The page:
Escapism fail

A lot of my colleagues are escaping from the dreary dystopia of current affairs into writing their own fictional worlds. More power to them. I’m having trouble getting back on the path. Especially in this last month, having put my back out to the extent that I can’t bear to sit up unless I’ve taken the muscle relaxants that turn my brain to mush.

First I couldn’t write.

Then I couldn’t read new fiction by other writers; it felt like too much emotional effort to get involved with new characters and situations. Instead, I’ve been reading Georgette Heyer’s Regency romances. Again. This time I’m reading them in German translation, which not only improves my vocabulary but forces me to slow down so that I appreciate anew the finer points of dialogue and plotting.

To keep my brain from chewing itself up, I’ve been escaping into the Duolingo series of Czech lessons, which are little bite-sized bits of syntax and vocabulary that entertain me in, I think, the way that crossword puzzles entertain more normal people.

But the strange collection of sentences offered in these puzzles is pushing me back to fiction. I find it almost impossible to type things like “I am looking for my aunt’s bear” or “We do not know whether we are brothers,” without starting to imagine the fictional world in which somebody would actually say these things.

And when I was looking for a picture to illustrate this post, the internet offered me, “My children are Americans.”

So they are.

And I need to write stories that will help them remember that… while also figuring out the mysteries of the long-lost brothers and the missing bear of my aunt.

In the long run, I can’t escape fiction.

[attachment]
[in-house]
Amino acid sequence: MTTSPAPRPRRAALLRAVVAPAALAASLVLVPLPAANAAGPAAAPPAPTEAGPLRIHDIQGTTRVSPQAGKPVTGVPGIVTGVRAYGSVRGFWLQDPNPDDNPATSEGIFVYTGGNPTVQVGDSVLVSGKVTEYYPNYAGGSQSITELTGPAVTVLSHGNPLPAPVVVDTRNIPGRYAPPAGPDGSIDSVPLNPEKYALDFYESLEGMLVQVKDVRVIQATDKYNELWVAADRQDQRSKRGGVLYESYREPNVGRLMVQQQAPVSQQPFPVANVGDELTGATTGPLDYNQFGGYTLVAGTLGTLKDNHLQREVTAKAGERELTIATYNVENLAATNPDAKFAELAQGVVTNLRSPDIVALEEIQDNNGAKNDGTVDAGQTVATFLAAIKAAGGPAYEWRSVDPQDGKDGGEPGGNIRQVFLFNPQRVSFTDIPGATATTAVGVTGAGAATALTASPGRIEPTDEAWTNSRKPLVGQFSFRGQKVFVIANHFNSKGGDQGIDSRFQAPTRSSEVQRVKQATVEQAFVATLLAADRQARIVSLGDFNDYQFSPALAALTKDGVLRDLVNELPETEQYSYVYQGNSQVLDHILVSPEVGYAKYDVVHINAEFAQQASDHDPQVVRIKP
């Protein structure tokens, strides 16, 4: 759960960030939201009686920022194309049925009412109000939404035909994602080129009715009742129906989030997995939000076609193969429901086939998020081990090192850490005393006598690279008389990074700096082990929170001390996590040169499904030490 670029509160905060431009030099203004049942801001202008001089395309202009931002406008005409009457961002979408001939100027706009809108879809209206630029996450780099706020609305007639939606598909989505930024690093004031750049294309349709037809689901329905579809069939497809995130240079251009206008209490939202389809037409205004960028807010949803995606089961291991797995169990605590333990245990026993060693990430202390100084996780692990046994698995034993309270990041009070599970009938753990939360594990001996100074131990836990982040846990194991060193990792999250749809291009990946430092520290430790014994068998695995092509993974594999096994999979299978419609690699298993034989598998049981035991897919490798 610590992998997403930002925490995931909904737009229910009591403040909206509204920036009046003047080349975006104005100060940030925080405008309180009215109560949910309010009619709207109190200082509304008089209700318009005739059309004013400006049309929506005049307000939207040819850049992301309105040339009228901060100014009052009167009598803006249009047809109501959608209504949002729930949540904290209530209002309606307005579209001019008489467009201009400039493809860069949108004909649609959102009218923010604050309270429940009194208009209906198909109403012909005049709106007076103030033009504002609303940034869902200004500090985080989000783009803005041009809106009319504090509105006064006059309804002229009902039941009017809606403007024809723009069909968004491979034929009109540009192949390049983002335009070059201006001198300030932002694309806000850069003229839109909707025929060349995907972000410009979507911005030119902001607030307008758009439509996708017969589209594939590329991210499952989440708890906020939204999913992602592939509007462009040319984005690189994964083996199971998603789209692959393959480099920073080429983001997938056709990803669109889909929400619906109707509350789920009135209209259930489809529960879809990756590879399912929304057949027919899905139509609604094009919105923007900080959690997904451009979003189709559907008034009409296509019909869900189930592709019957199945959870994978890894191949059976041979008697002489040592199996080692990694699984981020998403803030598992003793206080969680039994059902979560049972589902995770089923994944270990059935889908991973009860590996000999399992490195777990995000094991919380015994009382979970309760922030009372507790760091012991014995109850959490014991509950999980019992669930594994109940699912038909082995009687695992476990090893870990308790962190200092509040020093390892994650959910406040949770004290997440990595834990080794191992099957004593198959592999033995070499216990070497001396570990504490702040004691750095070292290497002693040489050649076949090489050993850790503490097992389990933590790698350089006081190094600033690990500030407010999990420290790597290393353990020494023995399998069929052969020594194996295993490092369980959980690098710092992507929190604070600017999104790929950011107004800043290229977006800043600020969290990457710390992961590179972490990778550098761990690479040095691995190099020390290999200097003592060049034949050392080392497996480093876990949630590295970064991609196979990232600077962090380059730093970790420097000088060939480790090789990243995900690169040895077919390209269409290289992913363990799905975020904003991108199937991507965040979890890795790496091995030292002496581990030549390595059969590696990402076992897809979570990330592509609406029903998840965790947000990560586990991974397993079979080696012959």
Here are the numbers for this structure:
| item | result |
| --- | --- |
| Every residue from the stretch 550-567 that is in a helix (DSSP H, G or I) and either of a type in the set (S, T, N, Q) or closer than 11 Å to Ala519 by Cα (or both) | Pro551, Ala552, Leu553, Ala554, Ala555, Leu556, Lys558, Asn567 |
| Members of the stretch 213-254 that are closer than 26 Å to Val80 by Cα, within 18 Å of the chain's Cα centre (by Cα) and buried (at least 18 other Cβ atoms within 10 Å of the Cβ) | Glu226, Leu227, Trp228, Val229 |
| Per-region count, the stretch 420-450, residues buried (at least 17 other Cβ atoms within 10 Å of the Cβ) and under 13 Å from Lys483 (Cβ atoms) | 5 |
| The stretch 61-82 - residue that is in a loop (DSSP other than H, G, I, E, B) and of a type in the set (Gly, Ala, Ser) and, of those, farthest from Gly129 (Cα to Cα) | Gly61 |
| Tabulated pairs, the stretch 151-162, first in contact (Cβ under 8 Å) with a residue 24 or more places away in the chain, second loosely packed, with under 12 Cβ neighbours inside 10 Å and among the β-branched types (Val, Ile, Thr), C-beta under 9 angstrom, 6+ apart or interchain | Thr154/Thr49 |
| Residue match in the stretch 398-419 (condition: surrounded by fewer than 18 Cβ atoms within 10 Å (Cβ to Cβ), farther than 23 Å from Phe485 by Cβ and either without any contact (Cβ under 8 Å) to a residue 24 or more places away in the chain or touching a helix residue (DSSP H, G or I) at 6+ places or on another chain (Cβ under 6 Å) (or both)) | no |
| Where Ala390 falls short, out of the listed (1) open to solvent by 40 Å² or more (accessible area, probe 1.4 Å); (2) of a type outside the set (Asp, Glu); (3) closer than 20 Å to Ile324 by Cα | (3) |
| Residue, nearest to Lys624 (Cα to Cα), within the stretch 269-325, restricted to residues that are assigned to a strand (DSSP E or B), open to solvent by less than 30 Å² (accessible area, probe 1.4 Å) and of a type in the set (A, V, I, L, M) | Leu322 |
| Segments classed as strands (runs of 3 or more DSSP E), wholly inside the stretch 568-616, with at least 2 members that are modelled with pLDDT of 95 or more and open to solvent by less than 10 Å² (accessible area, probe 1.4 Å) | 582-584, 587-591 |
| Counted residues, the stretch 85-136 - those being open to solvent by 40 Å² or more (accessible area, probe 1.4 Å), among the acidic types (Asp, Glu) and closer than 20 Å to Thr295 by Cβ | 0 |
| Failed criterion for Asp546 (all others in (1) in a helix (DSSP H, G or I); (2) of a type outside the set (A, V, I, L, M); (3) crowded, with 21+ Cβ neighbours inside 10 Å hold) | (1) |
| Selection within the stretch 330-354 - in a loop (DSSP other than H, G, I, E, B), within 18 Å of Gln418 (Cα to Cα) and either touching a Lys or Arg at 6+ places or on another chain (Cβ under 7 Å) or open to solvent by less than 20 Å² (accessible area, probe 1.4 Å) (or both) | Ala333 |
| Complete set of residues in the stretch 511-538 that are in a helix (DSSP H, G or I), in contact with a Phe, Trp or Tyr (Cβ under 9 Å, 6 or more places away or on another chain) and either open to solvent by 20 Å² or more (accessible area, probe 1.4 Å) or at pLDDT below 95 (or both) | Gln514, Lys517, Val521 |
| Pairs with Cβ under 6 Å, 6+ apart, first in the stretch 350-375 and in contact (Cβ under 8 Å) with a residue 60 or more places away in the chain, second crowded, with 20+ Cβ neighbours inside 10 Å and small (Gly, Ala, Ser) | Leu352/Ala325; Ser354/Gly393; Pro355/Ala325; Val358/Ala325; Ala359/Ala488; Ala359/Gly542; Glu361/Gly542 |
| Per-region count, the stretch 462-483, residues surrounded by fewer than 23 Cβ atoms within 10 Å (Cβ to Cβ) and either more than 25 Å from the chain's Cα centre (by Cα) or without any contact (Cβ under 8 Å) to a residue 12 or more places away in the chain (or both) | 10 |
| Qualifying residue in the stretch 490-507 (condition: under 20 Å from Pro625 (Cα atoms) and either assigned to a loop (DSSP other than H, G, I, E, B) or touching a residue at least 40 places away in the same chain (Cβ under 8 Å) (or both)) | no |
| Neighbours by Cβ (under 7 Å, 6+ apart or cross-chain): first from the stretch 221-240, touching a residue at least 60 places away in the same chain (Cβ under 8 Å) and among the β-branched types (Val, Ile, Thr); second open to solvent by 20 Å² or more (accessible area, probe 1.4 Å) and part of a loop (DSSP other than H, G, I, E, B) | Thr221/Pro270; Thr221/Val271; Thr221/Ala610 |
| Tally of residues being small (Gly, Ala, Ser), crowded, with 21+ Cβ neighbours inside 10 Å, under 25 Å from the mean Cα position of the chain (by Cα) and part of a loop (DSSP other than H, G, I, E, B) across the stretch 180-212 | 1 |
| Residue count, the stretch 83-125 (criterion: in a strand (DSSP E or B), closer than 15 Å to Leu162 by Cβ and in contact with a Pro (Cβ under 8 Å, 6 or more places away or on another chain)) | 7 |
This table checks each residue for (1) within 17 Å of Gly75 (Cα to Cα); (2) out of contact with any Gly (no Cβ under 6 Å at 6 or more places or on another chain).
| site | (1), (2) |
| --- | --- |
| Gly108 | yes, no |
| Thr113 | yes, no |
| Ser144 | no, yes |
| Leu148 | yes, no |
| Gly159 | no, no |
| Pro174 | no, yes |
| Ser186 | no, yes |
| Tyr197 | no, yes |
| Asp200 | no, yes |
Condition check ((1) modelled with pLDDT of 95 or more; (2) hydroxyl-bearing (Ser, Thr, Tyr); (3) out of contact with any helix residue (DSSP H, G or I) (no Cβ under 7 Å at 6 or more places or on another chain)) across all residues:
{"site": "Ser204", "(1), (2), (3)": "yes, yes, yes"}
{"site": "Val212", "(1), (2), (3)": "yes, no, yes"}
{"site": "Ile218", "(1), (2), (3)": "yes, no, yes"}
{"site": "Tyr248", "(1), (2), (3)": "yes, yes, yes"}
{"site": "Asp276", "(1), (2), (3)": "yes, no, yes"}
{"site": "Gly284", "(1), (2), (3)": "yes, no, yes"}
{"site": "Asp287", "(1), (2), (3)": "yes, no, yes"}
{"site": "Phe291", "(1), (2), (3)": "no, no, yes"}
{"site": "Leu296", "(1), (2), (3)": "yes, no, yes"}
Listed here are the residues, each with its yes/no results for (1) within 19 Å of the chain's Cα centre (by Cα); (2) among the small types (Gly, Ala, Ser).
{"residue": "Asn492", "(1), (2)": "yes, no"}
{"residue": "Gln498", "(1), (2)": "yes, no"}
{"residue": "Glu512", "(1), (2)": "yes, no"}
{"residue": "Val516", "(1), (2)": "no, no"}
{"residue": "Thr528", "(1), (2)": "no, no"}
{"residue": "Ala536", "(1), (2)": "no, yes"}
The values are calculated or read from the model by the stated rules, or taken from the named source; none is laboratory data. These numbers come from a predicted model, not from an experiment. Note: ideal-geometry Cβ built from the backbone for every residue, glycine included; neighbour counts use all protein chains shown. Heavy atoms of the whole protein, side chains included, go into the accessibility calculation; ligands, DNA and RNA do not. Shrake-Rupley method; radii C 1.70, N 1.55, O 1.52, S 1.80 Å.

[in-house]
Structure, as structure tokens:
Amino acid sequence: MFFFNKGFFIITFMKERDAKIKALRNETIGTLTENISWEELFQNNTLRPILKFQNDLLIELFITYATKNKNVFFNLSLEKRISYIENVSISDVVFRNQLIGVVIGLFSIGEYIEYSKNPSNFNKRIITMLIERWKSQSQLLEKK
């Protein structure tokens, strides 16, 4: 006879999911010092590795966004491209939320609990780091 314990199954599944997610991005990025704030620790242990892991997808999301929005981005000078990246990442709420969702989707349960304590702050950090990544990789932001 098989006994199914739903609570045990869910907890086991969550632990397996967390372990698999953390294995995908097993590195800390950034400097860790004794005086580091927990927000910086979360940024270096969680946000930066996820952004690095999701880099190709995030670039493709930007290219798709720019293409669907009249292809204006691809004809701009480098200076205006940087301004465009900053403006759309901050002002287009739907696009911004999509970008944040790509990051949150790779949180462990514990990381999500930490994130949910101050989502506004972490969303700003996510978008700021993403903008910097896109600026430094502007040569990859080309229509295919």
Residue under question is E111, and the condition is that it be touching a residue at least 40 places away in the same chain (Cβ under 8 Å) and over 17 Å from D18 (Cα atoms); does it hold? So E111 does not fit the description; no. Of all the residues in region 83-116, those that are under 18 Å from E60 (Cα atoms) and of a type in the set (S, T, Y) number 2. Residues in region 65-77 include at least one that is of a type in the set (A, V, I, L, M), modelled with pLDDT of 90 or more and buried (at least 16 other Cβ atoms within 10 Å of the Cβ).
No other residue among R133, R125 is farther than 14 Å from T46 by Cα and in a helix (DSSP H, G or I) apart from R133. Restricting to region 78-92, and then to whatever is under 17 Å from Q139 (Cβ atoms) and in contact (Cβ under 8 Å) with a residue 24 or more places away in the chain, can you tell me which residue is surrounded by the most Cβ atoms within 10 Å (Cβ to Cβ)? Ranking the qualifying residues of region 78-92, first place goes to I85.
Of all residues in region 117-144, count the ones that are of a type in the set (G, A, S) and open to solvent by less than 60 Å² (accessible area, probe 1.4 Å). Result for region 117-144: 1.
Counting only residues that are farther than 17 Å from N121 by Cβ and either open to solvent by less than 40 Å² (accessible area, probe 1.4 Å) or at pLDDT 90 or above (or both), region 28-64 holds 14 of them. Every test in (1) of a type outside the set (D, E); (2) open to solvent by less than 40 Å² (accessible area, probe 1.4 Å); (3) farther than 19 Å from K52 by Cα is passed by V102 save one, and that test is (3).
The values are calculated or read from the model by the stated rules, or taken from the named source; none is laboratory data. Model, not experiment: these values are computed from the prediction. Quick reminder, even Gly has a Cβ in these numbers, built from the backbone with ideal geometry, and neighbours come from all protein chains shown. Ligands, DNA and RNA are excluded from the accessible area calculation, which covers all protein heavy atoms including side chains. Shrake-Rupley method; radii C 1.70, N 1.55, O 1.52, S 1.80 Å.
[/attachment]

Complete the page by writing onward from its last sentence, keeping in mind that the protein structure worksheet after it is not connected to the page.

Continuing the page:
37 comments

  1. So your aunt is a shapeshifter sort of like a Selkie in that she needs a “coat” to put on in order to change forms. And someone has stolen her bear coat, preventing her from shifting into her most useful combat form, just as a major war is about to descend on your land…

    You live in a world where “brother” is most often used in the academic sense, two apprentices of the same sorcerer. Your master disappeared some years ago, and you’ve been looking for him. Recently you’ve found a man your own age with a very similar style of magic, but you haven’t yet proven that he was taught by your master….

    Damn it, I have a very full schedule this year, I have to get through 8000 words today, and I DO NOT HAVE TIME FOR THIS.

    More importantly, hope that your back feels better and that your brain gets back in gear. If for no other reason than the selfish one that I’m running low on Margaret Ball books to read…

  2. I’ve been working a lot of projects to keep my brain occupied. Now that I’m back in school, I have to put aside a lot of them for school-and I like my projects more than school!

    Novel writing has hit a few bumps, but I will be getting over those bumps as much as I can.

    Trying out some new novels on Kindle, some are just “UGH” bad and I want to find the author-who seems to be doing very well, if the sales numbers are right-and slap the concept of decent plotting and fewer obviously snide and “clever” world-building into them.

    And, household chores. Never ends.

    1. Oh, the UGH novels! You know it’s actually sad, I think many of these are perpetrated by wannabe novelists who haven’t yet learned their trade – worse, they haven’t even learned enough to know that they haven’t – and by putting out these sloppy beginner efforts they’re poisoning their own well, because I do not forget the names of authors who failed so egregiously. So that even if after 5 or 10 or 15 books they attain some measure of skill, it’ll be too late for the audience they want to attract.